By Anand Krishnamoorthy, Bloomberg
New Delhi: Bajaj Auto Ltd., the second- biggest motorcycle maker, led declines among two-wheeler stocks in the country on concerns that sales growth will slow after the central bank increased lending rates.
Shares of Pune-based Bajaj Auto fell as much as 7.2 % on the Bombay Stock Exchange today. They traded at Rs2,288.95, down 5.6 %, at 2:09 p.m. in Mumbai. The company also reported a drop in sales for the second straight month in March.
The Reserve Bank of India (RBI) on 30 March increased a key interest rate and raised banks’ reserve requirements to curb inflation in the world’s fastest growing major economy after China. That will slow motorcycle and scooter sales in the world’s second-biggest market for such vehicles, analysts such as Kalpesh Parekh of ASK Raymond James Ltd. said.
“This definitely will have an impact on sentiment,” Parekh, the head of institutional sales in the Mumbai-based brokerage, said in a phone interview today. “It’s after four years that we’re seeing the major two-wheeler companies report a decline in March, which is usually a blockbuster month.”
The Reserve Bank of India unexpectedly increased its overnight lending rate by a quarter percentage point to a 4 1/2 year high of 7.75 %. The Mumbai-based bank also raised banks’ reserve requirements for the third time since December, and said it is shifting policy away from balancing inflation with economic growth to focusing solely on prices.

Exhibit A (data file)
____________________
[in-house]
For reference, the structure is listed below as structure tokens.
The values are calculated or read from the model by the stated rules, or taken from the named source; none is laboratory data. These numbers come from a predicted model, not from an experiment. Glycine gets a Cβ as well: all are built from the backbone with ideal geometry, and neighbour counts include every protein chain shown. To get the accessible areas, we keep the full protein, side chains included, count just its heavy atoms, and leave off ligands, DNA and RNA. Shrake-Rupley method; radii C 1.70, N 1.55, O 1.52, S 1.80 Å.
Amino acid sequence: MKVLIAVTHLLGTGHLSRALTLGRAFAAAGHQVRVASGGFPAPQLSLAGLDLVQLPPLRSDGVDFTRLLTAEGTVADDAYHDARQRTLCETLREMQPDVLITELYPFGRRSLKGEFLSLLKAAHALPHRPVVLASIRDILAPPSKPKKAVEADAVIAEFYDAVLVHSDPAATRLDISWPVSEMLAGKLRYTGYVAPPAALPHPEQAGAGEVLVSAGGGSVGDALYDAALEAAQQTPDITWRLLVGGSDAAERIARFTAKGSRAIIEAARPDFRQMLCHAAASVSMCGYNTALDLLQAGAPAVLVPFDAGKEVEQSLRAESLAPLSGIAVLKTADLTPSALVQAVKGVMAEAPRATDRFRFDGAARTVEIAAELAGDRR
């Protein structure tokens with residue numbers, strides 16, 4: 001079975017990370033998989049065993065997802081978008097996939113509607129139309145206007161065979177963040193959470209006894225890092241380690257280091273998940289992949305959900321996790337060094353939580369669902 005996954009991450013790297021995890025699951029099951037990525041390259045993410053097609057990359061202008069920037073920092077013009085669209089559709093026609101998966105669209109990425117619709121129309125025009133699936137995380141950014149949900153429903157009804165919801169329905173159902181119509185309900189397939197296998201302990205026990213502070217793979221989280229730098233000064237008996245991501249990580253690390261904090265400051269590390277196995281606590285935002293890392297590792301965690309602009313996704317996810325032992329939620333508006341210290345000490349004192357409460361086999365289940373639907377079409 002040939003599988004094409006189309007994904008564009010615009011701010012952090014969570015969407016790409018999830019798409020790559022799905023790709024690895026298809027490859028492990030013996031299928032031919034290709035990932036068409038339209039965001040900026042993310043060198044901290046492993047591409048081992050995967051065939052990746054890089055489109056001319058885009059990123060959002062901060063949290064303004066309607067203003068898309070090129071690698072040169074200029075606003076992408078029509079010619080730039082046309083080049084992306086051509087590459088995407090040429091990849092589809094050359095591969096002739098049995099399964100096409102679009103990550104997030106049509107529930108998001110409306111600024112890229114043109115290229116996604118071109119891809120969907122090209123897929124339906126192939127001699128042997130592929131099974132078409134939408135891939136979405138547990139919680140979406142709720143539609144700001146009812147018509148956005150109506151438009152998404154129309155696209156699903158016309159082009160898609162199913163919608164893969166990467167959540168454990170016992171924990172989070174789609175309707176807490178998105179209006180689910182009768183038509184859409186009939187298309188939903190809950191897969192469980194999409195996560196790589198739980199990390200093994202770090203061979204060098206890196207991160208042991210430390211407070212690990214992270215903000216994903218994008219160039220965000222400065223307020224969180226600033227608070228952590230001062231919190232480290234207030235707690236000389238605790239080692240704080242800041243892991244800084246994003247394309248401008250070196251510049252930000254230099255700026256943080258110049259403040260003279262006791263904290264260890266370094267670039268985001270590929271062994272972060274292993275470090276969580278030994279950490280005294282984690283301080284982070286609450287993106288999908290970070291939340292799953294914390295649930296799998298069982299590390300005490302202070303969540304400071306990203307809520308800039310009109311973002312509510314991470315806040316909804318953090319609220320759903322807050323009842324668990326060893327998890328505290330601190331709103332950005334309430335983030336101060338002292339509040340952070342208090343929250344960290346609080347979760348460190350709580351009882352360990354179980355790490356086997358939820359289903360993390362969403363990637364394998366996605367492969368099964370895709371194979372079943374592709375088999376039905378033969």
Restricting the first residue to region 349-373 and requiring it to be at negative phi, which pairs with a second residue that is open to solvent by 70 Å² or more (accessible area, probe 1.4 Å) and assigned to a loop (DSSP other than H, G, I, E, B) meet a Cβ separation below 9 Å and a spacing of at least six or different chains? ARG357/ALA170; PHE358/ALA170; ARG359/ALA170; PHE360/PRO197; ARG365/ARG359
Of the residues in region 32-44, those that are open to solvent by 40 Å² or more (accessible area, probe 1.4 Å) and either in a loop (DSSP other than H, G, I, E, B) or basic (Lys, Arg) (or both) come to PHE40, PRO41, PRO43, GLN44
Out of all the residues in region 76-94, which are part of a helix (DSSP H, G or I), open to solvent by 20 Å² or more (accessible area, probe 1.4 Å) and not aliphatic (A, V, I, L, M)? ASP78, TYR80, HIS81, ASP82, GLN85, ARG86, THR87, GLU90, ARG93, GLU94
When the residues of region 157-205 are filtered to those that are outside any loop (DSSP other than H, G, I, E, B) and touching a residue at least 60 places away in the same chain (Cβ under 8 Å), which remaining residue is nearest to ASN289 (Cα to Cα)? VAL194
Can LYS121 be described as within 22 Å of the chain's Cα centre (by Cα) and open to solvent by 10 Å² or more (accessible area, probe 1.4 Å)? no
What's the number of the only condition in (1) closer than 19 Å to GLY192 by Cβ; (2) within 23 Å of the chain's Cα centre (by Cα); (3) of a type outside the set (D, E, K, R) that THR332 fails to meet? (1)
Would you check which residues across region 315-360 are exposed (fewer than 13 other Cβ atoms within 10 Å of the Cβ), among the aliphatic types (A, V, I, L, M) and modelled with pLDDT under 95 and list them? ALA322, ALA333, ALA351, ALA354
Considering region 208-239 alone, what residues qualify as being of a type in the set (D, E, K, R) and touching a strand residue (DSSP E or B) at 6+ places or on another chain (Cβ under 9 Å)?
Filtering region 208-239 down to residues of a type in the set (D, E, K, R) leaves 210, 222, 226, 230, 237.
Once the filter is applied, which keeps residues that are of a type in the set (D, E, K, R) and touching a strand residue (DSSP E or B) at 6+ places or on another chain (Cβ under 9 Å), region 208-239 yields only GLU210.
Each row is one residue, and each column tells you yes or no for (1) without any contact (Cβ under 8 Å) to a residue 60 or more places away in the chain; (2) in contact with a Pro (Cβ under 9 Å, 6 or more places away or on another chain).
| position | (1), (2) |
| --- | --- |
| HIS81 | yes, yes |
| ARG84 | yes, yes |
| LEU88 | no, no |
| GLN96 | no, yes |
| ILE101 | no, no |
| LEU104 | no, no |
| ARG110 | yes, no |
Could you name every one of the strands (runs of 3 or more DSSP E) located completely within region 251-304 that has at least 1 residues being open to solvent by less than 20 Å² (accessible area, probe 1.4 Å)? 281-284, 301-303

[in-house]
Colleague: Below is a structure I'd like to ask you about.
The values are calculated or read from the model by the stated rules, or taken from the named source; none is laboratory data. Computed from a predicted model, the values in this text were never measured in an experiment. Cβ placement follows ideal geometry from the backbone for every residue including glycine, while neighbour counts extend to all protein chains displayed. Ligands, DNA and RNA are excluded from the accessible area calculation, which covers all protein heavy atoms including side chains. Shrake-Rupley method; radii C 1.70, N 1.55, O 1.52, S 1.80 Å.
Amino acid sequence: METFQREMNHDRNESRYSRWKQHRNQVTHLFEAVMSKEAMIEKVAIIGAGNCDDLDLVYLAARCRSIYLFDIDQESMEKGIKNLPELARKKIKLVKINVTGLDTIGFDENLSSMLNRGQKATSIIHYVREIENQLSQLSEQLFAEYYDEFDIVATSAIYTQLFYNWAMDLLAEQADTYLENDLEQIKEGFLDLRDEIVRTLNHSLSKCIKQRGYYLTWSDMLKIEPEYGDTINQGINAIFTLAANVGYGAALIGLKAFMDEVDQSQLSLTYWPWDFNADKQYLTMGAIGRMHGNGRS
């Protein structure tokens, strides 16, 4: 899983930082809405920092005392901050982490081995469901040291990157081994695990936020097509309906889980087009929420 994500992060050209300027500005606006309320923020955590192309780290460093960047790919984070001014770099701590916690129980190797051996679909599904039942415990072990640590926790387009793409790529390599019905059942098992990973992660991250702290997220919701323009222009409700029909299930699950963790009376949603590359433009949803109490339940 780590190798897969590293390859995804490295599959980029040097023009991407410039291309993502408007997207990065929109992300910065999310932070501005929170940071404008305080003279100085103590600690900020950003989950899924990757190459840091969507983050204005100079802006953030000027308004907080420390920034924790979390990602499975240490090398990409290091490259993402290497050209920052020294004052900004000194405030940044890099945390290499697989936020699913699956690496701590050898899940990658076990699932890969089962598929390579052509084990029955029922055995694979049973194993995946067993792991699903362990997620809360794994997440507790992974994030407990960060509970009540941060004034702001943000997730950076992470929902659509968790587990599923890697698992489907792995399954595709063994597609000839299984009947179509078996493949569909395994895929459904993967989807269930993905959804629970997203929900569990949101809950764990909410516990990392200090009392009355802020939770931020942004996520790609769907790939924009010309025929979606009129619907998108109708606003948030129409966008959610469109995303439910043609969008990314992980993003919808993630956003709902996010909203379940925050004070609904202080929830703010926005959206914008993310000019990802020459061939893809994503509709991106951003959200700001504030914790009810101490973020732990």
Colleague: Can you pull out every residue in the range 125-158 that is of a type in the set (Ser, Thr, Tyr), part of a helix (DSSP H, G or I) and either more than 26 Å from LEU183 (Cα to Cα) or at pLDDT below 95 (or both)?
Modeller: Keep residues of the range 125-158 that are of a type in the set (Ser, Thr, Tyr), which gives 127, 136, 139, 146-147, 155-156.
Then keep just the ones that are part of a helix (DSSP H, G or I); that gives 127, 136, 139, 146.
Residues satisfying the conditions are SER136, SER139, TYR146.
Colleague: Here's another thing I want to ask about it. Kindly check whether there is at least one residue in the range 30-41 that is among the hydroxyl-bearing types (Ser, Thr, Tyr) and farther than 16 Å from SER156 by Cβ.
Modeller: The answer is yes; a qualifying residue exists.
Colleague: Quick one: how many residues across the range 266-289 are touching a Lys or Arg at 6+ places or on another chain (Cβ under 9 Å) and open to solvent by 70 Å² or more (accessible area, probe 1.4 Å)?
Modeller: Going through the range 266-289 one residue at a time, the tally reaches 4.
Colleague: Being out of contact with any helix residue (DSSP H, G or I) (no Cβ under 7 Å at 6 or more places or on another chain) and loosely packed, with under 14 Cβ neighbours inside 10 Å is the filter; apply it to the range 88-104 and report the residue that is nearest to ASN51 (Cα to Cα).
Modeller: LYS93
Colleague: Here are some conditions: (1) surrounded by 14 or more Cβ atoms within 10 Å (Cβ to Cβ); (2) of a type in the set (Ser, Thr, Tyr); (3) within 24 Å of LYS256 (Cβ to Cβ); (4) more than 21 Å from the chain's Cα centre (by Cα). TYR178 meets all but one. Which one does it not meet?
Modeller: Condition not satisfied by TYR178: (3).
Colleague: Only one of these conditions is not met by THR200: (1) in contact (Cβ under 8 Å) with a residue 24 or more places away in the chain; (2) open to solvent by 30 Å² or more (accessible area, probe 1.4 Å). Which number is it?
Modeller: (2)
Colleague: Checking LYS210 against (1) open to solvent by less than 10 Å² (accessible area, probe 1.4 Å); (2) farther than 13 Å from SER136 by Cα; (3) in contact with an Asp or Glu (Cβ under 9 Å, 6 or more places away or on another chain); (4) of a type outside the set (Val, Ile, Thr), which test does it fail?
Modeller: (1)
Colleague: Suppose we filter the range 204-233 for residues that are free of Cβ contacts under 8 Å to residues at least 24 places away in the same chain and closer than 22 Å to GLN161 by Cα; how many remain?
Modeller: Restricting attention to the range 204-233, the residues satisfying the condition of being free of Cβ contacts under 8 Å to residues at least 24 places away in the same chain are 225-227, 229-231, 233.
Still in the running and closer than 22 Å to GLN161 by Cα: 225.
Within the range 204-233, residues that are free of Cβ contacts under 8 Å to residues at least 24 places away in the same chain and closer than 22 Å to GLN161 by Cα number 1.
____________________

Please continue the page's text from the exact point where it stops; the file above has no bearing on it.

India’s central bank has raised borrowing costs six times in 14 months, forcing ICICI Bank Ltd., the country’s largest automobile loan company, and other banks to increase rates.
Higher rates make it dearer for India’s 350 million middle class people to buy a motorcycle as their main mode of personal transportation. More than half the 7.1 million motorcycles and scooters sold in India annually are bought on auto loans.
“The steep rise in interest rates is slowing growth rates,” Ravi Sud, chief financial officer of New Delhi-based Hero Honda Motors Ltd., India’s biggest motorcycle maker, said in an interview on 30 March.
Hero Honda’s shares declined by 5.3 %, while Chennai, India-based TVS Motor Co., the third-biggest, fell by 3.3 %.
The BSE Auto Index of the Bombay Stock Exchange, comprising 19 shares of automobile companies, fell by 5.6 %, led by Tata Motors Ltd., India’s biggest maker of commercial vehicles. The benchmark Sensitive index fell by 3.9 %.
“Commercial vehicles and cars would be more vulnerable to this continuous rate hike, as people may defer their buying decision,” Parekh of ASK Raymond James said.
Shares of Tata Motors fell as much as 8.2 % earlier today. They changed hands at 671.5 rupees, or 7.7 % lower than their March 30 closing price.
Ashok Leyland Ltd., India’s second-biggest maker of trucks and buses, fell 4.2 % and Maruti Udyog Ltd., the country’s largest carmaker, fell 6.7 %.
More than half the cars and commercial vehicles sold in India are financed from lenders, according to Parekh.